"The good news is that, if we harvest burnt logs quickly, we will still get good quality lumber and plywood. The longer we wait to harvest them, the less moisture they will have. Drier logs make it harder to recover the most value out of the fibre as the years go by," says Mark Runge.
In addition to lumber and plywood, products like pulp that use our chips need to be pickier. Any burnt chips or even a piece of ash will affect the colour of our pulp product. However, burnt woody pieces like bark can go in our hog fuel that helps run our energy systems. “We’re trying to use as much of the log as we can,” says Chad Swanson.
After a forest fire when harvesting burnt timber is underway, our woods teams work closely with contractors to ensure safe practices in a more dangerous environment.
“Our contractors put in extra effort to stay safe. The burnt timber presents a challenge for harvesting machinery because the charcoal that comes off the trees creates dust. If our harvesting and logging contractors do not clean their machinery carefully and often, it can catch fire," says Mark Runge, Woods Manager, Williams Lake.
Cleaning Logging Machinery
In addition to contractors cleaning their machinery often due to fire hazards, loggers must clean their machinery before going in and out of work sites. This helps prevent the spread of invasive plants (weeds), that thrive in weak environments, like a burned forest floor.
Charcoal dust also presents challenges to our mill operations. Although wood dust is managed very well at our mills, burnt timber brings large concentrations of charcoal dust generated by the burnt bark as it goes through our de-barker machines. Dusty material quickly clouds the de-barker scanners that are needed to size logs. When dust covers the scanners, the de-barker doesn't work correctly, because the scanners provide the information to adjust the optimal speed for the size of the log going through it.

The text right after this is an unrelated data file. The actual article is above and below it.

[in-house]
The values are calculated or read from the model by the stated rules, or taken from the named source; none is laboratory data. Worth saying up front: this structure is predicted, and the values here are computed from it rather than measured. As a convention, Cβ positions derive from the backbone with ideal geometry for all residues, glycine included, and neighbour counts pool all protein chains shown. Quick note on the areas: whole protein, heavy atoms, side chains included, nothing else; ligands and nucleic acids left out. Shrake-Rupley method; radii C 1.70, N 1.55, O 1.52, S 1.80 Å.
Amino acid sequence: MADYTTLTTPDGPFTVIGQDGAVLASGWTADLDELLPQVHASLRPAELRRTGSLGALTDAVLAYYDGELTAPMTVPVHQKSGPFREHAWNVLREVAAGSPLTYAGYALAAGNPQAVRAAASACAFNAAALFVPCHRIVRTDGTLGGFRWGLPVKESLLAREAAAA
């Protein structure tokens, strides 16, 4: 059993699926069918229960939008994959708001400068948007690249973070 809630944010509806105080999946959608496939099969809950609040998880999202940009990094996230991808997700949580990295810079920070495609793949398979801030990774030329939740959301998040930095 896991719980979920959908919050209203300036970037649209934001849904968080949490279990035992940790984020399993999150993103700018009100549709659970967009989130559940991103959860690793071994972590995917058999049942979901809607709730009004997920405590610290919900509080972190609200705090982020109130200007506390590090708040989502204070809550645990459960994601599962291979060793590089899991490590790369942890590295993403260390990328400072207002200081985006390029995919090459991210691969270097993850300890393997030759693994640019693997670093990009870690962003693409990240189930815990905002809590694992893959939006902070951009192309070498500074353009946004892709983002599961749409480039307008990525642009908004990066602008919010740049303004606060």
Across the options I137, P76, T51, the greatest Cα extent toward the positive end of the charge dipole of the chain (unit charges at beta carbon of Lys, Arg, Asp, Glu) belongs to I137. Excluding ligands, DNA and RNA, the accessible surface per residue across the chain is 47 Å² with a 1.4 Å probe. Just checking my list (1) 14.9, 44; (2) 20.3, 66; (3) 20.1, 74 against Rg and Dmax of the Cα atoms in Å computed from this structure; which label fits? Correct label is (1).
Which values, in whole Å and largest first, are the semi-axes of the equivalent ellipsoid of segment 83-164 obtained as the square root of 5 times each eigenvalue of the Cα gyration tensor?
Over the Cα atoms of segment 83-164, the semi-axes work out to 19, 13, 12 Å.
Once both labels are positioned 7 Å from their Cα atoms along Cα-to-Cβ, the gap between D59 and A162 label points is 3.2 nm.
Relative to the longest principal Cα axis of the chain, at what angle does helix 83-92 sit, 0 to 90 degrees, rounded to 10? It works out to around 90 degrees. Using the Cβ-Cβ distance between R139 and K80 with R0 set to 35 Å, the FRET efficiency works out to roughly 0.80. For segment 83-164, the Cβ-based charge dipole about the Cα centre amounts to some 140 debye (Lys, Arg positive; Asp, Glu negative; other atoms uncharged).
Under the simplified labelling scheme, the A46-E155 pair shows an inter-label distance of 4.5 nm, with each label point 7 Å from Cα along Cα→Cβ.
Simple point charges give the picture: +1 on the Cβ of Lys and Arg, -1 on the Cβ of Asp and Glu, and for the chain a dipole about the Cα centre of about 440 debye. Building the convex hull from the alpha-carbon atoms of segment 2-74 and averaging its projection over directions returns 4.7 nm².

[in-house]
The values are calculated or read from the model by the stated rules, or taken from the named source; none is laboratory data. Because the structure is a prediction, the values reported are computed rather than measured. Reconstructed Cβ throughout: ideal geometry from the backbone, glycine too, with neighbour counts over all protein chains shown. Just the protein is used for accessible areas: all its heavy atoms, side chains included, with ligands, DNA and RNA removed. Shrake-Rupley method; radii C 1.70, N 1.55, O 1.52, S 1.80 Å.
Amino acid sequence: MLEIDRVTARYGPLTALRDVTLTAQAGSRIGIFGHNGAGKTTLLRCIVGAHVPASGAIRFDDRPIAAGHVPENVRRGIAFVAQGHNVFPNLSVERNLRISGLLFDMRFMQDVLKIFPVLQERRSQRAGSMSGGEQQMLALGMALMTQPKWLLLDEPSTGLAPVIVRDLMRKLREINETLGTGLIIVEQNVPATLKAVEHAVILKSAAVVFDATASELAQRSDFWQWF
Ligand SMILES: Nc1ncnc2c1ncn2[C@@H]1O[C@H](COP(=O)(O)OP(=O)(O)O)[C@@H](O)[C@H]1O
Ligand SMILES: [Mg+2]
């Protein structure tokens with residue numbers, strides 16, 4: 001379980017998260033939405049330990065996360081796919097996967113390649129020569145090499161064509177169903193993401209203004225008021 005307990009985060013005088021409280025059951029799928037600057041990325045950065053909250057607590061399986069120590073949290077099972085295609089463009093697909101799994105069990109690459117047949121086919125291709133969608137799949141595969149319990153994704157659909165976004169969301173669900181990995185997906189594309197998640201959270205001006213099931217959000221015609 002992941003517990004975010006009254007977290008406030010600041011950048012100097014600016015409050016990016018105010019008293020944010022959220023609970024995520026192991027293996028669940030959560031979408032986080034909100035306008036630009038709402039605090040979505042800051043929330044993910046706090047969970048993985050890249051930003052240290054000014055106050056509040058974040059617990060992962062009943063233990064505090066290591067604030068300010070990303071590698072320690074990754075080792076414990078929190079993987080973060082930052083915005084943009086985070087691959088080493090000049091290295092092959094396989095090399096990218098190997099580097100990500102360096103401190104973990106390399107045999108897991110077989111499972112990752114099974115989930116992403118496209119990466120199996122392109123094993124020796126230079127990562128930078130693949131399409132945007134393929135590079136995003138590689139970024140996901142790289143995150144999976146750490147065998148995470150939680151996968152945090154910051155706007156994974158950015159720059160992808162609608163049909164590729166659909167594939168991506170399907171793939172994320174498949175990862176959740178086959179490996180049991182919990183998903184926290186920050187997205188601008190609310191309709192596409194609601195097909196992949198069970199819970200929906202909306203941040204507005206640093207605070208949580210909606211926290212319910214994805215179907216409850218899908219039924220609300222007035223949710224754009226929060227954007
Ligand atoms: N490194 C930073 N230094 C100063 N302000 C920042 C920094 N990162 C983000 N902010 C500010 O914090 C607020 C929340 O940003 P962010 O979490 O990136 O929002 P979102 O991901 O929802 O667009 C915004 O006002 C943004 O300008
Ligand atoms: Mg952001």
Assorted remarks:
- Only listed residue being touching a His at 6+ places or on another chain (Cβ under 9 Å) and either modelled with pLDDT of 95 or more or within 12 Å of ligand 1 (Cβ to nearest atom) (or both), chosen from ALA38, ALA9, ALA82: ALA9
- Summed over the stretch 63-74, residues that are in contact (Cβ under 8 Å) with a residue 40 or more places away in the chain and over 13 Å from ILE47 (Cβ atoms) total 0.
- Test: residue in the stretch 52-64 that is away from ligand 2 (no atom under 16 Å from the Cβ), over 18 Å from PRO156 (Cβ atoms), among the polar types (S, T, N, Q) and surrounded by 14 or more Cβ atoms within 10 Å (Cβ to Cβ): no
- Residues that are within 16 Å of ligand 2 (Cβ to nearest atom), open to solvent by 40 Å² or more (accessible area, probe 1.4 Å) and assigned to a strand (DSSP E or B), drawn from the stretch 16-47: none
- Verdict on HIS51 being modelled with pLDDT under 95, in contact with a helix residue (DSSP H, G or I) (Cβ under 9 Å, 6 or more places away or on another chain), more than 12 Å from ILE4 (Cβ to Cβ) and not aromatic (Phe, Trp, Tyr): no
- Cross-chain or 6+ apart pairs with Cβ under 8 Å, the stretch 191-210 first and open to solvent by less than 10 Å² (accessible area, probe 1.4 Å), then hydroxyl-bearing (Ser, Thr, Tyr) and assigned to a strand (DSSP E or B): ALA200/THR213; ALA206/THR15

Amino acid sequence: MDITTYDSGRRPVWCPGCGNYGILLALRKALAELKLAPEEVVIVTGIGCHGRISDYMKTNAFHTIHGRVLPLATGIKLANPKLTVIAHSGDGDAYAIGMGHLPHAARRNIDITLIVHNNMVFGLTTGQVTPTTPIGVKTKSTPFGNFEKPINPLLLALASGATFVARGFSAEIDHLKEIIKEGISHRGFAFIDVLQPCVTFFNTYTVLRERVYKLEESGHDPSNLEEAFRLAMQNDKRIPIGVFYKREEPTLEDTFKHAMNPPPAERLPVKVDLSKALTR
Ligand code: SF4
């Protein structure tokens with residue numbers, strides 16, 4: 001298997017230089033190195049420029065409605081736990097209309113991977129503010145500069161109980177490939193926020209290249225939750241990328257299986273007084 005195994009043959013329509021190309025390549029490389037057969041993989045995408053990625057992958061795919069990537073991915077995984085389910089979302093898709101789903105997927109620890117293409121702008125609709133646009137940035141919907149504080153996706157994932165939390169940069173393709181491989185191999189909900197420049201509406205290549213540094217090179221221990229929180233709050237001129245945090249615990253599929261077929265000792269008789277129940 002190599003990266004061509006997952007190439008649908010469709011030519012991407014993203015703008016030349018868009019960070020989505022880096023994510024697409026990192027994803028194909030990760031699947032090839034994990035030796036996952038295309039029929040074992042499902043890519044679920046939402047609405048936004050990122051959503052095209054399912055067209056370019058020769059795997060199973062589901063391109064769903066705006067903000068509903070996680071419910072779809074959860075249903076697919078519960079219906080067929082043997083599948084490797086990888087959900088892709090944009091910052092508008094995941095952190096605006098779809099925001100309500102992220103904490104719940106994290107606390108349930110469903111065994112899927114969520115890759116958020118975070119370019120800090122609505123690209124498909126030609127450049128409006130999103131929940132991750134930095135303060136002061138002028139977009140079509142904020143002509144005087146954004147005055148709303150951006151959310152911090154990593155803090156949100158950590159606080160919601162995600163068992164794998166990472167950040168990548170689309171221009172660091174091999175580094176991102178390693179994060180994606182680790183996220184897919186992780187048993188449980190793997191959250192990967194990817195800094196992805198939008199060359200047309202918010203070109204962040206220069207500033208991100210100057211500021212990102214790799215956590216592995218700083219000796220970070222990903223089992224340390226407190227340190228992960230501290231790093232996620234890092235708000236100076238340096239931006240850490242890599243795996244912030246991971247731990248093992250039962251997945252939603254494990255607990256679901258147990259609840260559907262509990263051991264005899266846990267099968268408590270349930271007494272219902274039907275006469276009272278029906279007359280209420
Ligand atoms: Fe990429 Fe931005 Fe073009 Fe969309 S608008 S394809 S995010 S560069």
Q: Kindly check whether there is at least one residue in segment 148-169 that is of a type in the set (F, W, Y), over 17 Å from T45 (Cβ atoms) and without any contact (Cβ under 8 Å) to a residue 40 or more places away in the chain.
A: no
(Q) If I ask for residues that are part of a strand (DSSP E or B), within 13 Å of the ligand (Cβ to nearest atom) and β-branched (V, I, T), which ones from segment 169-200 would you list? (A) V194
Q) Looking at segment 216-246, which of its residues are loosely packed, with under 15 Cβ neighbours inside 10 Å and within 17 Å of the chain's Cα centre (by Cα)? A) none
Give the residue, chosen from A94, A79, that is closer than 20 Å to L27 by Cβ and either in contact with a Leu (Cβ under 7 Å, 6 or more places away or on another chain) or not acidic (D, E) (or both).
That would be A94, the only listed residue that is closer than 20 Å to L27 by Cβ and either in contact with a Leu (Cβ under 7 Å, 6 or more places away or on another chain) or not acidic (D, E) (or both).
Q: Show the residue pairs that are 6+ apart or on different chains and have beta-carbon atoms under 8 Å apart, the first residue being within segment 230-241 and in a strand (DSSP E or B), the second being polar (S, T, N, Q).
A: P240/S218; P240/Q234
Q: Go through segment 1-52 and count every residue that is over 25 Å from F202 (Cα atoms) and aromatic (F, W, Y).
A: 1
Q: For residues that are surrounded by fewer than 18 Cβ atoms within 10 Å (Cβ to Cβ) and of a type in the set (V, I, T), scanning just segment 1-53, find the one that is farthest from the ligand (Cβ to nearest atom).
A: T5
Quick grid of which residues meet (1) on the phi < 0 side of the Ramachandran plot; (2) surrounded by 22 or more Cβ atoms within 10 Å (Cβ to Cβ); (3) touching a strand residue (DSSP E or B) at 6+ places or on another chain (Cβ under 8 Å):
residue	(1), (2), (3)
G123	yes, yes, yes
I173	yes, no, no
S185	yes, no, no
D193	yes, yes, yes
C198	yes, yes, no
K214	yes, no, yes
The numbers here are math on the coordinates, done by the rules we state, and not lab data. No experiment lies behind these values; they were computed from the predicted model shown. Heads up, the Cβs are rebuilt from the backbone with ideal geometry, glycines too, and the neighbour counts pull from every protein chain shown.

“We’ve found a solution to include a mist of water to keep the dust off. In the winter, this isn’t possible because the water will freeze. The solution in the winter is to mix non-burned wood with burnt wood to control the amount of dust and allow the scanners to function,” says Mark Runge. Chad Swanson adds that “we have very good dust systems in place to mitigate possibilities of a fire hazard at the mills.”
Forest Recovery after the BC Wildfires
Reforestation planning starts before any trees are harvested, and replanting most often follows harvesting within one or two years. The burnt forest we harvested in the summer will typically be followed up with a visit in the fall by our silviculture foresters. Based on that visit, they will finalize their a reforestation plan to plant young seedlings to regrow the forest cover. This period allows us to select a number of native tree species in the right mix for land, sow the seeds for the seedlings, grow them to the right height and volume, and finally go out and plant them.
Learn more about the seedlings grown to replace the trees we harvest and how tree planters reforest a cut block.
If you are curious to learn more about our forest harvesting practices, learn more about forest management and harvest planning after wildfires and our practices for sustainably harvesting trees in the winter.